New York Post's Scores

  • Movies
  • TV
For 7,549 reviews, this publication has graded:
  • 44% higher than the average critic
  • 2% same as the average critic
  • 54% lower than the average critic
On average, this publication grades 7.2 points lower than other critics. (0-100 point scale)
Average Movie review score: 56
Score distribution:
7549 movie reviews
  1. The tale is so bizarre that it’s sometimes comical, and often disturbing. The unrelentingly intense BlacKkKlansman can be very hard to watch.
  2. These dynamos don’t need a screenplay to hold anyone’s attention.
  3. The rom-com ain’t dead yet. Crazy Rich Asians is a defibrillator for a genre that flatlined ages ago. This heartwarming, well-acted — and decadent — film takes you back to the greatest hits of Nancy Meyers, Richard Curtis and Nora Ephron.
  4. She also doesn’t satisfy. At all. After experiencing Meg, you’ll crack open your Little Shark Book and call up Jaws.
  5. I was surprised to find “Cameron Post” a sweet indie film in the tradition of John Hughes. Calmly directed by Desiree Akhavan, the movie doesn’t get tangled in the weeds of politics, but instead focuses intensely on its lovely characters.
  6. Don’t be fooled by its awful title. The Spy Who Dumped Me is the rare secret-agent spoof that doesn’t double-O-suck.
  7. In Hot Summer Nights, Chalamet proves he’s learned Hollywood’s most important trick of all: consistency. His performance here is every bit as good as those past credits — more so, in some respects, thanks to his comedic chops — even if the film’s prestige is dampened by, well, tons of pot, cocaine and gnarly murders.
  8. Writer and director Christopher McQuarrie borrows just the right amount of familiar spy tropes in his second “M:I” outing, and his film, while intelligent and witty, never becomes too self-serious or chatty. It’s the best night out at the movies so far this summer.
  9. “The Equalizer” should be locked in a room with “The Terminator.” Then this lousy series would finally be killed off.
  10. In a nice change from Seyfried’s 2008 turn as the ingénue, we want to befriend James’ Donna, not mute her. She’s as gorgeous as she is committed, as funny as she is emotionally true. A big talent.
  11. The plot swerves around just enough to make you think something more complex is going on. Ultimately, it really isn’t — certainly not enough to make up for the clichés and sexist tropes that litter Lucas’ path toward a confrontation with the bad guys.
  12. As an addiction memoir, it works well enough; there are a handful of deeply felt moments.
  13. A masterful ode to one of life’s most universally awkward phases.
  14. There’s no better time than summer for a fun, brainless thriller. All you need is three key ingredients: a charismatic hero, a hateable villain and a snappy screenplay...Skyscraper, regrettably, cuts likable star Dwayne “The Rock” Johnson off at the knees by failing to deliver on the other two.
  15. Without a humanizing element like Blunt’s character, this whole grim affair is just a race to the bottom in which everyone loses.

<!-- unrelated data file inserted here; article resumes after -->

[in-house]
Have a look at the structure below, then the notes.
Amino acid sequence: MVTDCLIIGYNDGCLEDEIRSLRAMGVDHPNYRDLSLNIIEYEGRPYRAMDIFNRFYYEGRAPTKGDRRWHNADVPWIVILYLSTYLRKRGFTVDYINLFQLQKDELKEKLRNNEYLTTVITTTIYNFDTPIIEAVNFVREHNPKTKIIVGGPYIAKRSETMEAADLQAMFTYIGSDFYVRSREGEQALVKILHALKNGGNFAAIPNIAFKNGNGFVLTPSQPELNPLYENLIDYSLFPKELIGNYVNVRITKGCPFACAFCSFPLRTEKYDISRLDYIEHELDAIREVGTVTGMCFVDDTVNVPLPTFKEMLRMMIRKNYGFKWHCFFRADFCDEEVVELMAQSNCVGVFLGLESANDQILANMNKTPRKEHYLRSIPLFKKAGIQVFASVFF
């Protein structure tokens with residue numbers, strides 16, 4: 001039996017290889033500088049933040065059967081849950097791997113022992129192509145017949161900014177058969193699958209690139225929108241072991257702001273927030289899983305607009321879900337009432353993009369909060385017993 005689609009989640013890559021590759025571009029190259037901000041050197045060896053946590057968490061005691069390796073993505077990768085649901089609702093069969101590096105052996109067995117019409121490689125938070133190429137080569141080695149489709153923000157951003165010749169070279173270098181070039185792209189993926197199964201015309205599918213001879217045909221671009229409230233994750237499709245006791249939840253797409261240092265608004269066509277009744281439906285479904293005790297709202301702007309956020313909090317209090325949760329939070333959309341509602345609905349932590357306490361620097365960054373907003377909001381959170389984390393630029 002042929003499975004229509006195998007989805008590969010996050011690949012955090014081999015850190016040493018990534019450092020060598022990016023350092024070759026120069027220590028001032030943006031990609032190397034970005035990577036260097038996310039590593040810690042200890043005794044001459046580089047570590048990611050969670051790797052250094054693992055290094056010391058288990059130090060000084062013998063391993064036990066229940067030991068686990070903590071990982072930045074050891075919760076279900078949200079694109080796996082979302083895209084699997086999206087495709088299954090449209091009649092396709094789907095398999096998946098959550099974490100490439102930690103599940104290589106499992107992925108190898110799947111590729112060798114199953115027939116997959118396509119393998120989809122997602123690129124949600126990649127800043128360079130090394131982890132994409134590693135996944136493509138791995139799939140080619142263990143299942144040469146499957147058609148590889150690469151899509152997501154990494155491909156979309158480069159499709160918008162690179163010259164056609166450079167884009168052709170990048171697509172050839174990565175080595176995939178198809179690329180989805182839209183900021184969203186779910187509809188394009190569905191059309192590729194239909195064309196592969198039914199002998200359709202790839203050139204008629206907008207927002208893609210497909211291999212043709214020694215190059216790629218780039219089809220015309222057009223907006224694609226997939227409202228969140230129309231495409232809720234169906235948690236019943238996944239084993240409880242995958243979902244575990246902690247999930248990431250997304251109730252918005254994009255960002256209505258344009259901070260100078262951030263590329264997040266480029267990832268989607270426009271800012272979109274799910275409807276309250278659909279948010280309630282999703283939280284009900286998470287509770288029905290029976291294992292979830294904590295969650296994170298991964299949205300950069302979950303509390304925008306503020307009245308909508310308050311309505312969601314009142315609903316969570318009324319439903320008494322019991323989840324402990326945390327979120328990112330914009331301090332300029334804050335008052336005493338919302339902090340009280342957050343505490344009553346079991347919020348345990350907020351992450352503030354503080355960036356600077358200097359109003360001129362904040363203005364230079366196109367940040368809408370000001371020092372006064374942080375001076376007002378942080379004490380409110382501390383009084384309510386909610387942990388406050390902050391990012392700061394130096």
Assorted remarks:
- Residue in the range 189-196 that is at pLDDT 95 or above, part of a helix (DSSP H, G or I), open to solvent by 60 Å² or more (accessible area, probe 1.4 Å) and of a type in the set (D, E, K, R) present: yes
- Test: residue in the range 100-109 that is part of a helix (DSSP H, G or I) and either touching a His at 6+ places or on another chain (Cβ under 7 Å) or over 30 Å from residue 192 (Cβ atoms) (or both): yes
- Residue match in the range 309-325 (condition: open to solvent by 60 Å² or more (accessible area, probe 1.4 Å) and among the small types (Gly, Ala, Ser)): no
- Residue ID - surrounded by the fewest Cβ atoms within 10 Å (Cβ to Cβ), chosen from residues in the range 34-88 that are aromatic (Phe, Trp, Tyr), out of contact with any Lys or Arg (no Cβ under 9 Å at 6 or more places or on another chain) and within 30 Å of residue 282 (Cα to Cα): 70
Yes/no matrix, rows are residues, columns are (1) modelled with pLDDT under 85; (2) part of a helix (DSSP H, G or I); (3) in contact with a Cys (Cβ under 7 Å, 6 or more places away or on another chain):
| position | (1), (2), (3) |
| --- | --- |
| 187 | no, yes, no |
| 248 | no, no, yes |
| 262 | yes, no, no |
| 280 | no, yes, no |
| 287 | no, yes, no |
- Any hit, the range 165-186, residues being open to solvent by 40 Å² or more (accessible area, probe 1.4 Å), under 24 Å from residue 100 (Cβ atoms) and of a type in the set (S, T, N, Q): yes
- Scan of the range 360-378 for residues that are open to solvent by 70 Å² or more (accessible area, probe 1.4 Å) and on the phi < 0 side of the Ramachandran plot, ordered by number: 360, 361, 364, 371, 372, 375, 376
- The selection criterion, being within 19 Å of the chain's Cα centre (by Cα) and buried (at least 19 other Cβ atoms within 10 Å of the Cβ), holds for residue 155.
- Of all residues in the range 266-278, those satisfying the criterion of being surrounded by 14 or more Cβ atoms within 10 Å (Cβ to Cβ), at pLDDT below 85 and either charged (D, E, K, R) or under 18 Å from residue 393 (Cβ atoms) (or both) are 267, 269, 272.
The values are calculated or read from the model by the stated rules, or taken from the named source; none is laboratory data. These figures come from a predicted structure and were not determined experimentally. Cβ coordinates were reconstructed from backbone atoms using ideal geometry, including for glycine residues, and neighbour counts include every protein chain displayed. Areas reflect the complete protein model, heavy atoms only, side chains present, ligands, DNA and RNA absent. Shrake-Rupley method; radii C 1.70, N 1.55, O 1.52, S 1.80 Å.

16. As a snarky, stylish Santa Fe couple, Paul Rudd and Steve Coogan deploy a wit drier than the sprawling landscape surrounding their desert mansion. If you enjoy your comedies devoid of easy sentimentality (as this reviewer does), this one’s for you.
  17. More wobbly moments of Woman Walks Ahead seem to teeter on the edge of both white-saviorism and becoming a Harlequin romance.
  18. The first flick had a lot going for it: clever cinematography, a refreshing irreverence and Paul Rudd’s boyish charm. But “Wasp” is scant, man.
  19. Charmingly profane, with a buzzing riot-grrrl soundtrack, “Izzy” is a stylish twist on an ’80s trope: Here it’s the woman as pathetic supplicant, trying to win back someone who’s moved on.
  20. I’d rather wake up next to a severed horse head than ever watch Gotti again.
  21. Superfly escapes superficiality thanks largely to strong performances from Jackson; Jason Mitchell as Priest’s workmanlike partner, Eddie, and Michael Kenneth Williams as Priest’s mentor, Scatter.
  22. Tag
    One of the funniest films of the summer so far, it tells the story of five scruffy Peter Pans, who have been playing the same game of tag for 30 years. Sounds ridiculous, right? Well, the tale is (almost) all true.
  23. This sequel to the 2004 movie is an impressive feat of animation, particularly in its action sequences.
  24. Like a cubic zirconia knockoff of a priceless diamond necklace, this female “Ocean’s” update looks the part but just ain’t got that sparkle.
  25. “Fallen Kingdom” is a more interesting, and less obvious, story than the usual Tyrannosaurus romps, which tend to be death-defying games of hide-and-seek.
  26. Danes and Parsons are a weird pairing, who carry their TV personas with them like tote bags. Their “Homeland” and “Big Bang Theory” shticks don’t quite click. Even so, when Danes’ mother comes to realize that her sweet kid is more than just a talking point, she’ll have you wiping away tears.
  27. Adrift is paced like its title, and the story’s momentum is slowed somewhat by constant toggling between past and present.
  28. American Animals takes an appropriately wild approach to its subject, biting off a little more than it can chew, but nevertheless coming up with a truly novel entry in the overcrowded heist genre.
    • 67 Metascore
    • 75 Critic Score
    Unlike previous glossy docs such as “The September Issue,” Gospel is far more than a dressed-up Vogue infomercial.
  29. That this exercise in vulgarity was made at all is shameful. Dark Crimes is punishing to watch.

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